KUBRICK BY KUBRICK – Review by Sarah Ward

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When Stanley Kubrick speaks in Kubrick by Kubrick, his voice crackling with authority and reflection as he eloquently discusses his career, it’s almost the cinematic equivalent of hearing a deity. As revered as both the filmmaker and his work are, and continue to be more than two decades after his death, that’s not what invites a god-like comparison. Rather, it’s the fact that Kubrick was so loath to give interviews about his movies, making his candid, thoughtful comments to journalist and critic Michel Ciment a rare beast indeed. And, it’s the reality that so much has been said about the director over the years, even though he wasn’t the one doing the talking. In the period since his passing, documentaries about Kubrick, his films and their influence have nearly become their own genre — from Stanley Kubrick: A Life in Pictures and Stanley Kubrick’s Boxes to Room 237 and Filmworker — but there’s nothing like hearing from the man himself.

That alone doesn’t make Kubrick by Kubrick great; however, it helps. It’s also a crucial point of difference for a movie that still offers up a wide-ranging overview of its subject’s filmography, as many fellow Kubrick-focused documentaries already have. Of course, anyone can tell the world that 2001: A Space Odyssey is a science fiction masterpiece, or exclaim The Shining’s merits, or espouse the savviness of A Clockwork Orange — but only Kubrick can explain why Ryan O’Neal was his ideal actor for Barry Lyndon (“I couldn’t think of anybody else, to tell you the truth. Obviously, Barry Lyndon has to be physically attractive. He couldn’t be played by Al Pacino or Jack Nicholson,” he advises). The same personal touch applies to recalling the importance of finding just the right shooting location for Full Metal Jacket, and noting about how Oscar-winning Spartacus cinematographer Russell Metty didn’t expect Kubrick to be so interested in shot composition.

Kubrick by Kubrick isn’t a step-by-step walkthrough, though, nor would that have ever eventuated from the interviews Kubrick gave Ciment — who penned the first major overview of his work in France, and also assembled their chats into the 1982 book Kubrick. While the documentary both stresses the acclaimed director’s meticulousness and reveals his willingness to allow improvisation (perhaps surprisingly to some), Kubrick’s control is constantly on display. In his answers to Ciment’s questions, he only ever reveals and explains what he chooses. His responses are precise and, while always informative, forthright too. “How could you make a movie if you don’t know anything about photography?” he opines, discussing his photojournalism background. His comments about ripping the pages out of art books to find the right visual palette for Barry Lyndon are similarly exacting.

As much of a treat as Kubrick’s musings on his own work prove — and as engaging as it is to hear his actual voice, in a move reminiscent of 2015’s Marlon Brando-focused documentary Listen to Me Marlon — that doesn’t quite give Kubrick by Kubrick director Gregory Monro enough material for a feature-length film. And, due to the focus on audio clips, it doesn’t give the Jerry Lewis: The Man Behind the Clown and James Stewart, Robert Mitchum: The Two Faces of America helmer any visuals to work with. Accordingly, he weaves in the expected assortment of snippets from Kubrick’s resume, as well periodically zooming in and out of a rendering of one of the key sets from 2001: A Space Odyssey. The latter comes filled with other recognizable props from the likes of The Shining, Dr. Strangelove and Eyes Wide Shut, should viewers need a visible reminder of each film’s impact. (That a single item from a movie can inspire a strong reaction provides a simple but effective testament to Kubrick’s legacy.)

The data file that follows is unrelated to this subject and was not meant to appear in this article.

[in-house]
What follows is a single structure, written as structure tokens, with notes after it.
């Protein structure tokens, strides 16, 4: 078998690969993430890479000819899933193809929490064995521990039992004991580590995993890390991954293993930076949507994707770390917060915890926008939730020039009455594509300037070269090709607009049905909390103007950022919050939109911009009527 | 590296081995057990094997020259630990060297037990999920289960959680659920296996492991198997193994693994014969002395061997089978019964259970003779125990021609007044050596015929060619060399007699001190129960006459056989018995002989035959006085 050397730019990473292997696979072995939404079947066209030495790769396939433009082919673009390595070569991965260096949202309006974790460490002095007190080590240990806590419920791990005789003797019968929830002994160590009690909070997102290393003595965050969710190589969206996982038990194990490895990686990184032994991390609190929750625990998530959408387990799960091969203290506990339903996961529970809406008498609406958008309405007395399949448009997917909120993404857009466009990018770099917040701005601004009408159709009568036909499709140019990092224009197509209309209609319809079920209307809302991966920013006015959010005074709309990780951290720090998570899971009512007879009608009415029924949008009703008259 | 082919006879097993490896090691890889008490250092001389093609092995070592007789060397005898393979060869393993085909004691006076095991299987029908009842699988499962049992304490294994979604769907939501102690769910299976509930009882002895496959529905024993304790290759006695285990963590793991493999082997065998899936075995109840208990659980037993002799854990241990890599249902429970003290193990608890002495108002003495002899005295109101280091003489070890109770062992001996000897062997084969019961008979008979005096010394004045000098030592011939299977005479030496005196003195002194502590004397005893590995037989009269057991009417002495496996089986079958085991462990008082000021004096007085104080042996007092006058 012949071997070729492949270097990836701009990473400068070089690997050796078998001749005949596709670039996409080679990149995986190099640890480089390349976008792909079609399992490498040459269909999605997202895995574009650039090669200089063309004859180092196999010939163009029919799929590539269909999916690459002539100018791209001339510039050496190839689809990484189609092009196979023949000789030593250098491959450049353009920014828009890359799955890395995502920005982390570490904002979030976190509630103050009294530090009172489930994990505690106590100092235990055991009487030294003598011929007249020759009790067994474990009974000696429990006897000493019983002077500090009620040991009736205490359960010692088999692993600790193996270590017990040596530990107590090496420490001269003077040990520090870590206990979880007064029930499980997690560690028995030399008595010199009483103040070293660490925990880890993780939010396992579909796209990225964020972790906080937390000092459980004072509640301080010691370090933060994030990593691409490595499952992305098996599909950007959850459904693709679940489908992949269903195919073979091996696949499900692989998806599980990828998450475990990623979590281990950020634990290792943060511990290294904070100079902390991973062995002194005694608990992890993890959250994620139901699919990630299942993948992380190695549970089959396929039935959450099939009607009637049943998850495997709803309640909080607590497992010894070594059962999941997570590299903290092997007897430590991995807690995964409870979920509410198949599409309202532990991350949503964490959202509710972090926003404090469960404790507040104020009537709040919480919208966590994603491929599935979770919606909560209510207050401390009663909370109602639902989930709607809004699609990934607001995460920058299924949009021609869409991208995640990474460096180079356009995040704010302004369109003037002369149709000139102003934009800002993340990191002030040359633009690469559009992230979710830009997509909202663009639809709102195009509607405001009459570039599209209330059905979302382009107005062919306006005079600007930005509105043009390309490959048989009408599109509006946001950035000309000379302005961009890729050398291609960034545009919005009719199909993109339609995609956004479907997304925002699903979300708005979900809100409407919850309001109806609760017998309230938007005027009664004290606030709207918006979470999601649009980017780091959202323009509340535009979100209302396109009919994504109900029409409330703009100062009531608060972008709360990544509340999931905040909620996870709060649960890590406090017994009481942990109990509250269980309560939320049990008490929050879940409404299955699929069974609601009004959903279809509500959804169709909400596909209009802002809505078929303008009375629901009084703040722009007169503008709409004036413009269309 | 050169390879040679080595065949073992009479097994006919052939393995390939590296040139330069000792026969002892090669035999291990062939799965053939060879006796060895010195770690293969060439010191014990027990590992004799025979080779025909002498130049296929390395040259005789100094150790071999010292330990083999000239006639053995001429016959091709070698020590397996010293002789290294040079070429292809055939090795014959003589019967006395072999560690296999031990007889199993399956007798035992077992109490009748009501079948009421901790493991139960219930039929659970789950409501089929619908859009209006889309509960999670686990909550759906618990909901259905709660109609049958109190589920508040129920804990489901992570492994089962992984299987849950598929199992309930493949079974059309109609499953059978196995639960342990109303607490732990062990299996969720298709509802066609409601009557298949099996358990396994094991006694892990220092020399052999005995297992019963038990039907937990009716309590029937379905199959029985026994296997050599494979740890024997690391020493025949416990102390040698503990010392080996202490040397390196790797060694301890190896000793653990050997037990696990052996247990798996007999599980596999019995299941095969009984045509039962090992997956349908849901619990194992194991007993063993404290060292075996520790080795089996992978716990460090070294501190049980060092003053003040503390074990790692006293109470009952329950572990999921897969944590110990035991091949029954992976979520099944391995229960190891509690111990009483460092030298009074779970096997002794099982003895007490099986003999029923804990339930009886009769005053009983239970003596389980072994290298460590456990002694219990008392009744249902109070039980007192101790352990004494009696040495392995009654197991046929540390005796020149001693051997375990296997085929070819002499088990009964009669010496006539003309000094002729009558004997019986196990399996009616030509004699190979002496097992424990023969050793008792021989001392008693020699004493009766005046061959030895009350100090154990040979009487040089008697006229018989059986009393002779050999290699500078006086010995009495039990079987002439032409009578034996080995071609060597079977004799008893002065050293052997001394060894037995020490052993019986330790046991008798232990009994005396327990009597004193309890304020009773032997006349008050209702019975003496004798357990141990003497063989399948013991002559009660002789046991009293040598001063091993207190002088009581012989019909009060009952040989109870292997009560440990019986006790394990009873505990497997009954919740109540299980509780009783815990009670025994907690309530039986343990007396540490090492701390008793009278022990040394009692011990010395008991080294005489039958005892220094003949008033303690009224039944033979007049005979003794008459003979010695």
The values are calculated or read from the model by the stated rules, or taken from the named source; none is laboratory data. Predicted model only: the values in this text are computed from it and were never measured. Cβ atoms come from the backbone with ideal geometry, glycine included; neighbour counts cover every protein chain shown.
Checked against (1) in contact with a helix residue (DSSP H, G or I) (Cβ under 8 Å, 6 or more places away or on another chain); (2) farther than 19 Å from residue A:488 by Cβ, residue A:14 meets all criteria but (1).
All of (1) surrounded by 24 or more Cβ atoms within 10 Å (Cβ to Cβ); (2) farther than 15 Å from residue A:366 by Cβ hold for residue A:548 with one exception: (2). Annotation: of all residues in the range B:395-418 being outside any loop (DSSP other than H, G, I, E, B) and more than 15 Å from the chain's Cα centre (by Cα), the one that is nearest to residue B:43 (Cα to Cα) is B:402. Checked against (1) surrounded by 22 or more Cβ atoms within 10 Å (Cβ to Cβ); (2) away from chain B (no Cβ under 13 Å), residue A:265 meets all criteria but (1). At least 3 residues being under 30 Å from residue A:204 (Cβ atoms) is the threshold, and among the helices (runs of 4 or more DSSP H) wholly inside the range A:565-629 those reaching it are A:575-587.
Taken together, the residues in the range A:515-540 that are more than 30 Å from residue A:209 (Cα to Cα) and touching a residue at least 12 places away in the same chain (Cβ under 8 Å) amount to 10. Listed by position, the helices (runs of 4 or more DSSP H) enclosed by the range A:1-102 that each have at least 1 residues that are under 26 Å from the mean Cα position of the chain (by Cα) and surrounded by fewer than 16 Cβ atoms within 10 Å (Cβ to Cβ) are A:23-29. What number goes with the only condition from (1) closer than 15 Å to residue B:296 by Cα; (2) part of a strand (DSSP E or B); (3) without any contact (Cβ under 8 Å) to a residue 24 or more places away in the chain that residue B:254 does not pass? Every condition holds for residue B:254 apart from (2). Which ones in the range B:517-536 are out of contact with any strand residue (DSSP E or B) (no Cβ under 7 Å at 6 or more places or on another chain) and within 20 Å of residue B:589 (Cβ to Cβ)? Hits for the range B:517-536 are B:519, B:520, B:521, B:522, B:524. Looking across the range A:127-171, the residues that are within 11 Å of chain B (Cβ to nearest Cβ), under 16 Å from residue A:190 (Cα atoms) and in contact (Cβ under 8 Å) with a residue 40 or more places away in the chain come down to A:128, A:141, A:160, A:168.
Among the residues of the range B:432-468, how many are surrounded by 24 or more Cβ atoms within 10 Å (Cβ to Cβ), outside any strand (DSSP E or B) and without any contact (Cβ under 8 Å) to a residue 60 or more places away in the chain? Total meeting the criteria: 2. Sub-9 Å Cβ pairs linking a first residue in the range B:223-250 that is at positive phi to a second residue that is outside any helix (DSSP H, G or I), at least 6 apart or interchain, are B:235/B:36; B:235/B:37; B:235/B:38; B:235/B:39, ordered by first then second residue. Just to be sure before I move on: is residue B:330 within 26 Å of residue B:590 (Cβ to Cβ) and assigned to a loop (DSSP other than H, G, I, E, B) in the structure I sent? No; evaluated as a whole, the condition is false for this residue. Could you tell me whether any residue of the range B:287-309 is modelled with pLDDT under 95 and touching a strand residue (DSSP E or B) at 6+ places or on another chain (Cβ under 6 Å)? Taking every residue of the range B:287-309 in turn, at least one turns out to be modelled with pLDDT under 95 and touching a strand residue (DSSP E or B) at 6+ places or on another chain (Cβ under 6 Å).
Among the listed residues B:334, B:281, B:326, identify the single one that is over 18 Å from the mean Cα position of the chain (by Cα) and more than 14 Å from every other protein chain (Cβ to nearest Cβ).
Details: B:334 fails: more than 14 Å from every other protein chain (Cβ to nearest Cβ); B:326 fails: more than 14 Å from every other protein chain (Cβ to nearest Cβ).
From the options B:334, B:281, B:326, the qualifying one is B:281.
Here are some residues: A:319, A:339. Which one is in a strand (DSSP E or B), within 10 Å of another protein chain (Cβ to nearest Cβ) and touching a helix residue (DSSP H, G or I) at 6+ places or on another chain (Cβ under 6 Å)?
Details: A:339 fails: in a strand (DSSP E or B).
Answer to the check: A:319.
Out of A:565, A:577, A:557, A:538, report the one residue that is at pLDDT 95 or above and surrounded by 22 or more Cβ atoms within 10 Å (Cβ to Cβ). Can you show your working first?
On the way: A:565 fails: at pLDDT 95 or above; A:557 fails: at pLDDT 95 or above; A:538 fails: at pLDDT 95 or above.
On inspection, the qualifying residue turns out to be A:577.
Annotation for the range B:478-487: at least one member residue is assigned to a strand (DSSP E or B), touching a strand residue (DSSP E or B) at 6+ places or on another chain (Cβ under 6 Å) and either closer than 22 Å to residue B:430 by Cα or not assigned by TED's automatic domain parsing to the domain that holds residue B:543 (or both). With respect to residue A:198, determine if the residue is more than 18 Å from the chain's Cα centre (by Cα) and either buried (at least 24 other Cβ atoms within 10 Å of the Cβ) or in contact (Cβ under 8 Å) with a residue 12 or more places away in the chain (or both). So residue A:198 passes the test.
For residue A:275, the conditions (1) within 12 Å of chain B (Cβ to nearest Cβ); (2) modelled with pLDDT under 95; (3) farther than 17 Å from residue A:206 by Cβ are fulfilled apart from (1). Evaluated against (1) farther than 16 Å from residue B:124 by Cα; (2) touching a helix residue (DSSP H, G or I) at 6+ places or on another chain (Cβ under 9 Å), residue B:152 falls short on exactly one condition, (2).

The other tool Monro has at his disposal: archival interviews with a selection of famous faces that graced Kubrick’s frames. That’s how Eyes Wide Shut, which Kubrick finished just before he died in 1999, earns its biggest mention — with Tom Cruise chatting about his experiences with the director. Malcolm McDowell drops the tidbit about spontaneity while shooting A Clockwork Orange, Marisa Berenson mentions sitting around all day just being lit thanks to Barry Lyndon’s use of candlelight, and R. Lee Ermey expands about Full Metal Jacket’s war-time realism. These aren’t glossy promotional soundbites, however, but honest reflections. And, combined with Kubrick’s own words, they paint a picture of how one of the 20th century’s most lauded directors worked. That’s what anyone watching Kubrick by Kubrick is hoping for — and, while no documentary will ever feature Kubrick talking about his movies in the kind of minute detail that’ll please obsessives, this engaging film serves up the next best thing and still hits the mark.

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Sarah Ward

Sarah Ward is a freelance film critic and writer. She is the Australian-based critic for Screen International, and writes for ArtsHub, Concrete Playground, Goethe-Institut Australien, SBS, SBS Movies and Flicks Australia. She has also contributed to the Australian Centre for the Moving Image, Junkee, FilmInk, Birth.Movies.Death, Lumina, Senses of Cinema, Metro Magazine, Screen Education and the World Film Locations book series.